View from the Street: Housing bubble finally replaces mining bubble!

And domestic violence isn't that big a deal after all, apparently. Your news of the day, reduced to a snarky rant.

The endless boom will never end!

There's great economic news out there, Australia: the real estate bubble is now larger than the mining bubble! The economy is… um, saved?

"Sure, the mining boom has collapsed messily - but luckily the housing boom will last forever and ever!"
"Sure, the mining boom has collapsed messily - but luckily the housing boom will last forever and ever!" Photo: Andrew Meares

Yes, new data from the Australian Bureau of Statistics has confirmed that earnings from real estate have now outstripped those of the mining industry, in what is being touted as a positive sign of growth rather than the deeply terrifying portent of doom that it would appear to actually be.

The figures show that real estate produced $8.6 billion of taxable profit in the last quarter of 2015, while mining produced just $3.6 billion. That's partially because housing prices have risen sharply since 2011, which is worrying, but also because mining profits plummeted in 2015. So… um, huzzah?

Of course, this is all great news provided that you think that houses are largely items of investment, and not things that people need to live in. Some might even be somewhat scared at the very idea that the economy apparently rests on the speculative value of an actual human necessity. But heck, there's never been a more exciting time!

Our treasurer of sorts Scott Morrison confirmed that he doesn't see anything to worry about with regards this enormous looming problem, criticising Labor's sensible-seeming bubble-reducing plan to make changes to future negative gearing of investment as "one big fat tax on investment… At a time when we're trying to encourage investment in the transition of our economy."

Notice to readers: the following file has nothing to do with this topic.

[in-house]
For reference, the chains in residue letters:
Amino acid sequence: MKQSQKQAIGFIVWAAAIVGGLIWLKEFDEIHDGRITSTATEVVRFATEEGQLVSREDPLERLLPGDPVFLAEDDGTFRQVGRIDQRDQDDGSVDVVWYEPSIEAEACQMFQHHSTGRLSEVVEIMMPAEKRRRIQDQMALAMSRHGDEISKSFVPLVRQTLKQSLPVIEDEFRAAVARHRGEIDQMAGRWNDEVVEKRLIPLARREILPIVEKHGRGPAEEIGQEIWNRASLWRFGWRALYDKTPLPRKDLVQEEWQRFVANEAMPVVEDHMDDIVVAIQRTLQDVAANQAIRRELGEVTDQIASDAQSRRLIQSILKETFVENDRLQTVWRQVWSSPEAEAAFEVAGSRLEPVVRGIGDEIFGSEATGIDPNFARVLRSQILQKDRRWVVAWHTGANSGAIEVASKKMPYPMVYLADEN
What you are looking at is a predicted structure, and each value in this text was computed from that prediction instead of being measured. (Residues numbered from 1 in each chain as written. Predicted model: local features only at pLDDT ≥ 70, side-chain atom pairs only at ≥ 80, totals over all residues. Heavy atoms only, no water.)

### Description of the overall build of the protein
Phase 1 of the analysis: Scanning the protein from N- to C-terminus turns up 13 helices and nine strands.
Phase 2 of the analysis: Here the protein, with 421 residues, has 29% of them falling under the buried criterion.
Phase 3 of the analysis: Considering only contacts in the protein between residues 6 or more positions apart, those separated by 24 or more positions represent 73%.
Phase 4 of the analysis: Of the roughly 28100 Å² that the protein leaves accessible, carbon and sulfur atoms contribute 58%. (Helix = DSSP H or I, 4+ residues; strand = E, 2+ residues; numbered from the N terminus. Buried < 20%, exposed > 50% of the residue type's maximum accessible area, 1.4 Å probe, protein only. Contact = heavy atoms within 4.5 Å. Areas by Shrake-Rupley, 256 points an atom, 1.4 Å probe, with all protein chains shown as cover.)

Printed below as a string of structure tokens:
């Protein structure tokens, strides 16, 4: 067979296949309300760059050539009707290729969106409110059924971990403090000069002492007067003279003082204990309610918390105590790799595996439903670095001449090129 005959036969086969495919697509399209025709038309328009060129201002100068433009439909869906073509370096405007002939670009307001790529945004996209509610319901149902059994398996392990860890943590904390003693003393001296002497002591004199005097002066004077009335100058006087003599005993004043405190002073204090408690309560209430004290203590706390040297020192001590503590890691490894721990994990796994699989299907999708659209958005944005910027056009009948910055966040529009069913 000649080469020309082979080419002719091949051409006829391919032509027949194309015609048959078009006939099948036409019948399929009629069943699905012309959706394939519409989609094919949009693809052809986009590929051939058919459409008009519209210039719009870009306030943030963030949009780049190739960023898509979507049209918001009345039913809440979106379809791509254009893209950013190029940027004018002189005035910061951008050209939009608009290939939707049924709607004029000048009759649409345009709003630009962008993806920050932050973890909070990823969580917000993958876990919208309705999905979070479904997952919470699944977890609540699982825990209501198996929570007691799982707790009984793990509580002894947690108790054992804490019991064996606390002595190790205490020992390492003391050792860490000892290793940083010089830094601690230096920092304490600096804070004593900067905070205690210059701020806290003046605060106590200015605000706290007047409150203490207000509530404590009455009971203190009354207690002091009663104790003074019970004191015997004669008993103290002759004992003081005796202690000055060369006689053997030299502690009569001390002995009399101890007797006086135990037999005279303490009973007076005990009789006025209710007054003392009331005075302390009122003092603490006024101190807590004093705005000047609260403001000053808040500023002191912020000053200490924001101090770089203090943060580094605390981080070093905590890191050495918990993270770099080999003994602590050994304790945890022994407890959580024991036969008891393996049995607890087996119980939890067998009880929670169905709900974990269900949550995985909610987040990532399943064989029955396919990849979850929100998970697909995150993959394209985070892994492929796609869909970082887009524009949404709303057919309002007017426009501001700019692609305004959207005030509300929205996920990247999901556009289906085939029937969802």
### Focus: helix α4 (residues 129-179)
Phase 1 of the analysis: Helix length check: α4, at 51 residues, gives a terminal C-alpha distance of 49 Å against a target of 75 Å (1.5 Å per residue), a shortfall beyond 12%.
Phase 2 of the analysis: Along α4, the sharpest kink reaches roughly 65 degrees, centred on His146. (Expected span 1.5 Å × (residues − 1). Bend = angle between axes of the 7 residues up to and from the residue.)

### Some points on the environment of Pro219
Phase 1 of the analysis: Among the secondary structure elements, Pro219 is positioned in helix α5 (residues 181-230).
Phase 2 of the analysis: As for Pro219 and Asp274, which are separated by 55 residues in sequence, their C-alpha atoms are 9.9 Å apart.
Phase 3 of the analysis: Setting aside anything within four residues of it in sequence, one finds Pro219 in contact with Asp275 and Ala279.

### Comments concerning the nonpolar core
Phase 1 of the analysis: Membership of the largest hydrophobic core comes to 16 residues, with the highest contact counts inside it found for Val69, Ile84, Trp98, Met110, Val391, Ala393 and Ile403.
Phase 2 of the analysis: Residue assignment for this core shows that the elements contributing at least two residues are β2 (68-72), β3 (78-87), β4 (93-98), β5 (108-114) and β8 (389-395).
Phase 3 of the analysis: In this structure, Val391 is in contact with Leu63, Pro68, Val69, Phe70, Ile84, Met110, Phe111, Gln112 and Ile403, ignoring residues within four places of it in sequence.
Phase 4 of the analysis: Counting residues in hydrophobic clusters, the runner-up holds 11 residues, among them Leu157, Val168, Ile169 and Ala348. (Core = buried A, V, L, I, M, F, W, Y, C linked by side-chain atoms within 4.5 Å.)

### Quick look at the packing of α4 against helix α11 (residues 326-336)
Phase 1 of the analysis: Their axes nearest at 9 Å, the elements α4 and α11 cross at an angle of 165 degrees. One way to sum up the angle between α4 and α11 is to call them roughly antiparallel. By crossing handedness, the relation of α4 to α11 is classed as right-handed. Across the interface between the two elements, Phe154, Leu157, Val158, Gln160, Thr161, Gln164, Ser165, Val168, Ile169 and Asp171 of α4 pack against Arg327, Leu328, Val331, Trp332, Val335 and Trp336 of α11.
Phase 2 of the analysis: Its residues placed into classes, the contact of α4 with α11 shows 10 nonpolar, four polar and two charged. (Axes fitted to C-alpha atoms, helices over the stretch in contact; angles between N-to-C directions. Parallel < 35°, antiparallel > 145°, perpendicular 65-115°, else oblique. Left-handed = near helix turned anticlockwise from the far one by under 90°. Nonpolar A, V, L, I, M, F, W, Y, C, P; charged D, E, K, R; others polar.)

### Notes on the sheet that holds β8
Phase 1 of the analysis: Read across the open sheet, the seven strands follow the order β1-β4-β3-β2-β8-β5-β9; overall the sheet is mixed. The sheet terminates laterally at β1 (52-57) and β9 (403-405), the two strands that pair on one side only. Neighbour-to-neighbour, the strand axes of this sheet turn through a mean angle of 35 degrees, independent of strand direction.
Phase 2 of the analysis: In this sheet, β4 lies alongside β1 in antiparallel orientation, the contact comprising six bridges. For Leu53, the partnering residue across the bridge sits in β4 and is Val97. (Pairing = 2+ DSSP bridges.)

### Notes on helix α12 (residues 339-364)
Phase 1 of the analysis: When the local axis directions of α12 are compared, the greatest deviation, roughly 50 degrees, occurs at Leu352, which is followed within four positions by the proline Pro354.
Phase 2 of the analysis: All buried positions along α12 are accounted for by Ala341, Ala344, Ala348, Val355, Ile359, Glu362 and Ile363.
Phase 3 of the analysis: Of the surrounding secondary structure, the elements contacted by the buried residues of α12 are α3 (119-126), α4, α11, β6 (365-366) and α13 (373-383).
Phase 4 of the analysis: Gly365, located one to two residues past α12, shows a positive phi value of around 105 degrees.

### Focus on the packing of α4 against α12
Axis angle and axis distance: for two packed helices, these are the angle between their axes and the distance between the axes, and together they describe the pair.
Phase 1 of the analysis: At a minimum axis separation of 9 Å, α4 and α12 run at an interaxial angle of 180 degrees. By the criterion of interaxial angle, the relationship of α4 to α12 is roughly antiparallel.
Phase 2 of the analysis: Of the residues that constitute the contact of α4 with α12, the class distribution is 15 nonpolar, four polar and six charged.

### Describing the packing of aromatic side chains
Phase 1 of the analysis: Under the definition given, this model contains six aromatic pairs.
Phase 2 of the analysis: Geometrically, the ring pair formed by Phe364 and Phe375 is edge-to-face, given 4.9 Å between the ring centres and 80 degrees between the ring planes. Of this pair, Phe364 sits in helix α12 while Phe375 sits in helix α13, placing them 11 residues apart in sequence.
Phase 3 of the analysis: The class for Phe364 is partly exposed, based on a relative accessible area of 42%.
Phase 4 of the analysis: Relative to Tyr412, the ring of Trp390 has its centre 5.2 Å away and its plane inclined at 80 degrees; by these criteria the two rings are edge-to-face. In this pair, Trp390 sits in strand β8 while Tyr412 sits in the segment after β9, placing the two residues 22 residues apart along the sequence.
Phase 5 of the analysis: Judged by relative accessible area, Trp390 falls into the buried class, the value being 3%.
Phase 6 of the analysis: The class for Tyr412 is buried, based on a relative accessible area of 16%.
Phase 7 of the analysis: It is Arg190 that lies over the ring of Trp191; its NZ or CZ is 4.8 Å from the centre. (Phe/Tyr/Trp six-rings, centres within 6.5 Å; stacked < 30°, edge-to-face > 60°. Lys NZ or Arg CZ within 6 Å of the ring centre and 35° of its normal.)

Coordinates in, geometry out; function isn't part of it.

So that seems pretty clear, anyone who doesn't already own property: there will be zero attempt to make housing more affordable. Heck, the economy can't afford it - and you don't want to worry the economy, right? After all, it's an angry god that will punish those that don't believe in its benevolent munificence.

Also, it can breathe fire. True story.

So, how's the government going to do a budget, then?

The plan for the budget, evidently, is going to be spending cuts.

Indeed, PM-in-exile Tony Abbott called on Turnbull to "take on the spending challenge again" in Tuesday's party meeting, citing his own government's massively destructive 2014 budget as evidence for what a successful policy looks like.

That might seem to illustrate the exact opposite point, given that a) most of the 2014 budget still isn't passed, and b) it was the moment when Abbott blithely drilled the hole that was to ultimately sink his leadership. Then again, as we discussed only the other day, Abbott's long since stopped bothering acknowledging boring, embarrassing reality.

However, given that the government has largely ruled out anything that looks like taxing the wealthy or removing upper-class welfare like negative gearing or superannuation concessions, it's the only option on the table.

At least, unless they win the next election and figure they can ram through a subsequent GST hike, of course, but such economic reform is unlikely to be mentioned until after the election. You know, just like Abbott did with the "budget emergency".

But we were all meant to go get "a good job that pays good money", right?

And look, let's just remember what "spending cuts" means: sacking people.